A ghost employee is someone who appears on your payroll system, but who does not work for your company. The ghost employee can be a real person who is knowingly added to the payroll records, or a fictitious person invented by a dishonest employee.
For example, Matt was a trusted long-term employee who, unfortunately, was deeply in debt. Recognizing that his company’s payroll controls were loose enough to be exploited, he put a “ghost” employee, “Scott,” on the payroll, opened a bank account in Scott’s name and arranged for direct deposit of Scott’s paychecks.
Although both Scott and Matt are fictitious, they have plenty of real-life counterparts. “Ghost” employees go unnoticed in many companies because employees are trusted too much and internal controls are nonexistent — or only haphazardly applied.
Small businesses at risk
It may seem like it would be easier to hide ghost employees in large companies. In fact, small businesses, where a single employee may handle all the payroll accounting, are more vulnerable. In some cases, the perpetrator enlists a friend or relative to forge endorsements or deposit checks; in others, no assistance is necessary. The thief simply exploits weaknesses in the payroll system.
But ghost employees are just one way for dishonest employees to manipulate your payroll system. Perhaps the easiest scam to perpetrate is to overpay withholding or payroll taxes. The government sends a refund to your company, and the employee deposits it in an account in his or her name. Other methods of defrauding your payroll system include falsifying hours, increasing commission rates and filing false workers’ compensation claims.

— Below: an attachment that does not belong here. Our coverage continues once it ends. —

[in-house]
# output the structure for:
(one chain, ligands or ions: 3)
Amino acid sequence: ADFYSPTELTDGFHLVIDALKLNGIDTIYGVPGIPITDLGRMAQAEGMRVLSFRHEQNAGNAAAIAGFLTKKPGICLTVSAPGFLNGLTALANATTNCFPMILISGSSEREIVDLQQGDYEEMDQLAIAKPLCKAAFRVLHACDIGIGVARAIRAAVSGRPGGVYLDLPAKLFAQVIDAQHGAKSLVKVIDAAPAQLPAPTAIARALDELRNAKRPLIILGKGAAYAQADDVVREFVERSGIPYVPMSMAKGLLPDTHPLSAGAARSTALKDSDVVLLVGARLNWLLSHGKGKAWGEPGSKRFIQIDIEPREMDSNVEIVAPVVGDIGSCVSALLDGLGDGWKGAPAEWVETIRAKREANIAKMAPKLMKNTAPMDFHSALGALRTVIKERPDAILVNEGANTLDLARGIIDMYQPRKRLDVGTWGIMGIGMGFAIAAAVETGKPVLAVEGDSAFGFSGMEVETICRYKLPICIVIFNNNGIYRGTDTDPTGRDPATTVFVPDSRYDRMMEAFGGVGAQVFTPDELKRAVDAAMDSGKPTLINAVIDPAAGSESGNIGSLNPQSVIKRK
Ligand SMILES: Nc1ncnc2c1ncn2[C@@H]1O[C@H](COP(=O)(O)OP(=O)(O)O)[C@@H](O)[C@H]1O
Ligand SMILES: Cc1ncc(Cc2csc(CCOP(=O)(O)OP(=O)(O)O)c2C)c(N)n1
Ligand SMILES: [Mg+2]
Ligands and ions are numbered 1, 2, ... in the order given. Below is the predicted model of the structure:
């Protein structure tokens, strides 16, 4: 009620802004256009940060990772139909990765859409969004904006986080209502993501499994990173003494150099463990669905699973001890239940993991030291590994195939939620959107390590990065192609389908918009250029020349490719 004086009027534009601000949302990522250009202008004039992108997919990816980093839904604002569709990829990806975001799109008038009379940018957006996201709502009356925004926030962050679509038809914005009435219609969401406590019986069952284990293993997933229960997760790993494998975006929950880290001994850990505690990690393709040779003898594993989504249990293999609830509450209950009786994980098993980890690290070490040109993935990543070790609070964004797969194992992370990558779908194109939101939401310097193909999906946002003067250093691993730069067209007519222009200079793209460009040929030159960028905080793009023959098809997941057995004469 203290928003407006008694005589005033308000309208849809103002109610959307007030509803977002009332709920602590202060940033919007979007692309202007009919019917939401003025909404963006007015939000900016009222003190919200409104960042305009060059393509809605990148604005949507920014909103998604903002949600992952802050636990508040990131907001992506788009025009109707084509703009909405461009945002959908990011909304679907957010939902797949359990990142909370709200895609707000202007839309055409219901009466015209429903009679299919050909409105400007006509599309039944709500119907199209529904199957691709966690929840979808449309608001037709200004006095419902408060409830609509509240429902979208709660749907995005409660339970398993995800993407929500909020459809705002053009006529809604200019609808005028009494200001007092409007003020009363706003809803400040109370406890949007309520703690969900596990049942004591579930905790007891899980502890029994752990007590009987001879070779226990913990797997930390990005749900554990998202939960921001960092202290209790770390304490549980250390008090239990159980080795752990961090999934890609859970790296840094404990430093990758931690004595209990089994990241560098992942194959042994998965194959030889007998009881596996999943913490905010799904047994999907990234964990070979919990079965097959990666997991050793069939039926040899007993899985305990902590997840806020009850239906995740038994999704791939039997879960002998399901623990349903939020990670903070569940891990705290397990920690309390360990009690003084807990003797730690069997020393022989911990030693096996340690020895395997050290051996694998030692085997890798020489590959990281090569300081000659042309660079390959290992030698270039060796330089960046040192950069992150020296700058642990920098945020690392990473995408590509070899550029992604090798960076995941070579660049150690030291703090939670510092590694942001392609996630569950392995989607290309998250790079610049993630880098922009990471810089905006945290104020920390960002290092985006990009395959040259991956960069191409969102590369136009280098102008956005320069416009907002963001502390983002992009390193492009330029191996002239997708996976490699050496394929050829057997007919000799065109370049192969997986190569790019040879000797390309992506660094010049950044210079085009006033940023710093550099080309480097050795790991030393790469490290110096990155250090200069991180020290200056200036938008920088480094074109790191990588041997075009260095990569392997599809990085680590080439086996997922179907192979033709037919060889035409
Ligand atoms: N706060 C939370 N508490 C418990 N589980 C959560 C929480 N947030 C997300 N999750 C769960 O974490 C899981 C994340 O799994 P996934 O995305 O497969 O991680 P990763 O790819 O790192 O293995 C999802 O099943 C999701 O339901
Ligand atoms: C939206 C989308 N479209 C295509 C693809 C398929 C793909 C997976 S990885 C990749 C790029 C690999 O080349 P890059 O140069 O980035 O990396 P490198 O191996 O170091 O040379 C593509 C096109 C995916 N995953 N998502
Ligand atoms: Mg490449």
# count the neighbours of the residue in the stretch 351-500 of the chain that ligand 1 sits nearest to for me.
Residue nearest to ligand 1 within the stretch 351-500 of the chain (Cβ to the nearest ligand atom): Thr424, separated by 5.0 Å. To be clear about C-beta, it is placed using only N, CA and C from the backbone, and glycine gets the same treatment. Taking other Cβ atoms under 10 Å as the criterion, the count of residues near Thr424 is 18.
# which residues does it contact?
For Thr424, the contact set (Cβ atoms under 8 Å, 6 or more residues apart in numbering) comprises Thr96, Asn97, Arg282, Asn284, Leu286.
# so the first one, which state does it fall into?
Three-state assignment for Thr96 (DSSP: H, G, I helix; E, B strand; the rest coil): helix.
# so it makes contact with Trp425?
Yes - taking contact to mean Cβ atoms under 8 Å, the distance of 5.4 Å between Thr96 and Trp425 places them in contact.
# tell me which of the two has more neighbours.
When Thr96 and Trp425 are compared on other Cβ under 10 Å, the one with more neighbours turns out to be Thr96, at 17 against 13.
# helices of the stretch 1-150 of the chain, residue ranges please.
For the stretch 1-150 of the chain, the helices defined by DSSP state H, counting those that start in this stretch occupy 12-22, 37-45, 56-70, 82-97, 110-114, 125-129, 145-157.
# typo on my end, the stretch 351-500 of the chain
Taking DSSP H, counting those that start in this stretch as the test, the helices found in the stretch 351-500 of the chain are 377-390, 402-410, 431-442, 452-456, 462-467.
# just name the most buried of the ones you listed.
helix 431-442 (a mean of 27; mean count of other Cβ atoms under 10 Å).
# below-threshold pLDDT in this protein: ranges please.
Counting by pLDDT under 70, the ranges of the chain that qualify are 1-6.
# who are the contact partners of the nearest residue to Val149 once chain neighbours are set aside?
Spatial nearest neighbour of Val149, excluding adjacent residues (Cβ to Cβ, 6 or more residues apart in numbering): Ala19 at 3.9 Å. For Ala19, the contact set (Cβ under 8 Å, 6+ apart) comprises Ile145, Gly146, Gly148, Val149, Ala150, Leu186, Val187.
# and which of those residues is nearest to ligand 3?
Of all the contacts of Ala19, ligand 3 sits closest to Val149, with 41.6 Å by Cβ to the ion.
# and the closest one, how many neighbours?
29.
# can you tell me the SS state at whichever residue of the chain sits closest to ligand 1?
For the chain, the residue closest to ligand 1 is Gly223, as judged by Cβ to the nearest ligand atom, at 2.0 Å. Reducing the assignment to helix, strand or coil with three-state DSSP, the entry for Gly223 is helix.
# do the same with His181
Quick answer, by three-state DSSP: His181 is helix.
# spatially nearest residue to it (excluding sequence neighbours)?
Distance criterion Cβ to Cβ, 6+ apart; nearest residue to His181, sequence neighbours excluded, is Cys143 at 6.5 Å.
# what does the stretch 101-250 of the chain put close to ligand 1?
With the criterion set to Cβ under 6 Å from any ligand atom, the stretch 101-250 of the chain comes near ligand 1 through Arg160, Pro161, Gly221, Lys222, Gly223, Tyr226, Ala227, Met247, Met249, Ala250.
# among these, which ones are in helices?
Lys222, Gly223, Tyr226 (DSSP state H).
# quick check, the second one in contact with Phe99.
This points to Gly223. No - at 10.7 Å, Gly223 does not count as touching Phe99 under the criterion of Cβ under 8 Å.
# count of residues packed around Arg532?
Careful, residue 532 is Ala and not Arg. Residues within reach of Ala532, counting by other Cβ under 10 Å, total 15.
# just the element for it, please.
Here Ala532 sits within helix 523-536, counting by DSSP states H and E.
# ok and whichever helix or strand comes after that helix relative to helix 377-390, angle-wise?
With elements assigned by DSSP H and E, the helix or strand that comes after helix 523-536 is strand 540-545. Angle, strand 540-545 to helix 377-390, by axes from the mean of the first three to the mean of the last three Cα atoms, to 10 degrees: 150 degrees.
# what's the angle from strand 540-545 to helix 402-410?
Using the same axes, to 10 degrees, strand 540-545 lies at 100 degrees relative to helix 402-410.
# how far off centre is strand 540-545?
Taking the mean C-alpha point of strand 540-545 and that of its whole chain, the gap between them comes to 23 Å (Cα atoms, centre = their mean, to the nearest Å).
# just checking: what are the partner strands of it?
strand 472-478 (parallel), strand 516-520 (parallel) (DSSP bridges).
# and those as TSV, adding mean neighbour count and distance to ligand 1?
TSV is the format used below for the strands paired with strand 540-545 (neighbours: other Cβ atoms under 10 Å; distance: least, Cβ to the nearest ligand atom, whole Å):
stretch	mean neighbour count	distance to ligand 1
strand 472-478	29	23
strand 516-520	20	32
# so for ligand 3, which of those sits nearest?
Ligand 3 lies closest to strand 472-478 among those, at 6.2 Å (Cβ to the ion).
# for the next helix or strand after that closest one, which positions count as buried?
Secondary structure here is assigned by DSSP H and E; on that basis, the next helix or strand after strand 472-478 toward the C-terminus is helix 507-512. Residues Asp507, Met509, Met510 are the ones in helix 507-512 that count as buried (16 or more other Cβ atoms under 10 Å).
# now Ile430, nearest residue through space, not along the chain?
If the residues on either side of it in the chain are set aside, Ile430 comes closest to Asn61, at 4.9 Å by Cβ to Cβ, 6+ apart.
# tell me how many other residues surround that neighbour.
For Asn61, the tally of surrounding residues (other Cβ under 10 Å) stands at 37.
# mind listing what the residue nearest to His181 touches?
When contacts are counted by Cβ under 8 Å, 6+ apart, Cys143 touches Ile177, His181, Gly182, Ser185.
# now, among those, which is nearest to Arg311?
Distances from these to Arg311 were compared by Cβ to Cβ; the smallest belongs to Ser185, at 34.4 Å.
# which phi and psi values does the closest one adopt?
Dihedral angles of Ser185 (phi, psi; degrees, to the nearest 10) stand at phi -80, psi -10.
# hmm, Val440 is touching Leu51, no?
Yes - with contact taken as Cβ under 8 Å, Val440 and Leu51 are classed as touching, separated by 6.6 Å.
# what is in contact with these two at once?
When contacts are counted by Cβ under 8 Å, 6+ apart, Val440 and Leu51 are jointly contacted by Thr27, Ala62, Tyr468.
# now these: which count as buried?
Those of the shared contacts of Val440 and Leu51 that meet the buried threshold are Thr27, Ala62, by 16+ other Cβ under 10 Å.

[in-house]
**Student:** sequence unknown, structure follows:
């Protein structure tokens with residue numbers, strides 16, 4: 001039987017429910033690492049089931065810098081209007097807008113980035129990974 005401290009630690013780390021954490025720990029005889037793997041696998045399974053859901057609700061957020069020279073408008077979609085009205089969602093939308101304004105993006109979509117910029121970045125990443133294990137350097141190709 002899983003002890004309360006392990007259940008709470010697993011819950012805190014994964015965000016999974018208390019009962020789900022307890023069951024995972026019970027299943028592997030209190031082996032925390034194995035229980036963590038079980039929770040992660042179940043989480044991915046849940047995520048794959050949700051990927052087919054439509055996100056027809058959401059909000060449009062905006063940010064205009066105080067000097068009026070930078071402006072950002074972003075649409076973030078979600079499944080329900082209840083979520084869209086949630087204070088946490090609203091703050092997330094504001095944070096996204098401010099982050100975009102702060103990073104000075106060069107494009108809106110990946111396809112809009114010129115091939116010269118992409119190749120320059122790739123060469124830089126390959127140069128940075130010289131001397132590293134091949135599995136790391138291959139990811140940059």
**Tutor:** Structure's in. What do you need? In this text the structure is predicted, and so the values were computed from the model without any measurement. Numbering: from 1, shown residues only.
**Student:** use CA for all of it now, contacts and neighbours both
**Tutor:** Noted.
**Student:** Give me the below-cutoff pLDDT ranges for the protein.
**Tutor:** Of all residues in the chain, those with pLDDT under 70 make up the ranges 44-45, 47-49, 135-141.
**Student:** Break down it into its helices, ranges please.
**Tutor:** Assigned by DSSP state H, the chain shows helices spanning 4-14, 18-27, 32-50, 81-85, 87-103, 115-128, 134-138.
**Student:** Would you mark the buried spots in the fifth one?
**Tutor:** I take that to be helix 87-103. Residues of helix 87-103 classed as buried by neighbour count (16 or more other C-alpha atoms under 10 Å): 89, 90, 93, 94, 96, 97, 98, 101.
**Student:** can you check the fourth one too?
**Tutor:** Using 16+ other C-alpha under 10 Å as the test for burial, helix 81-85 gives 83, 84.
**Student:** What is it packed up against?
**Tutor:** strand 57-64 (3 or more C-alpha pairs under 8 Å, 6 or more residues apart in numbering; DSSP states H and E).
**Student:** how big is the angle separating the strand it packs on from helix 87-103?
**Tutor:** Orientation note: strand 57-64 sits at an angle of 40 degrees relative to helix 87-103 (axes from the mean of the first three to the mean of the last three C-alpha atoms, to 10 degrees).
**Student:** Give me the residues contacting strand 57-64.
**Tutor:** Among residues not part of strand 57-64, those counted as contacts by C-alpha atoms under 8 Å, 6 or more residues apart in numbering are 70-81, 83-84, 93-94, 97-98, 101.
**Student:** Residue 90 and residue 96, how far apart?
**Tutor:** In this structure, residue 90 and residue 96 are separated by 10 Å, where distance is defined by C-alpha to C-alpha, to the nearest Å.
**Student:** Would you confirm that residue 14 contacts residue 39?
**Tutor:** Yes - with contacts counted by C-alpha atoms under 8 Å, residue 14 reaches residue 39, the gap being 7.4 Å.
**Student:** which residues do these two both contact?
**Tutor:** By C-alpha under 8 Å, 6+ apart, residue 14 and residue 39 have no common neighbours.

Follow the tracks
The good news is that payroll schemes usually leave traces. Look for:
- Paychecks with no tax or Social Security deductions,
- Dual endorsements on paychecks,
- Duplicate names, addresses or Social Security numbers in payroll records,
- Higher-than-budgeted payroll expenses, and
- Unusual spikes in the number of payroll checks presented for payment.
To prevent this type of fraud, it’s essential to segregate payroll duties. If one employee writes checks, reconciles statements and keeps the books, that employee may be tempted to steal — particularly if that person feels overworked or underpaid.
You might also consider outsourcing your payroll process. If that’s not practical, make sure your computer system is secure and that all records are password-protected and access-limited.
It’s fairly easy to invent ghost employees and conjure up other payroll fraud schemes. But it’s also easy to prevent and detect them. You just need to take control. Contact us for more information.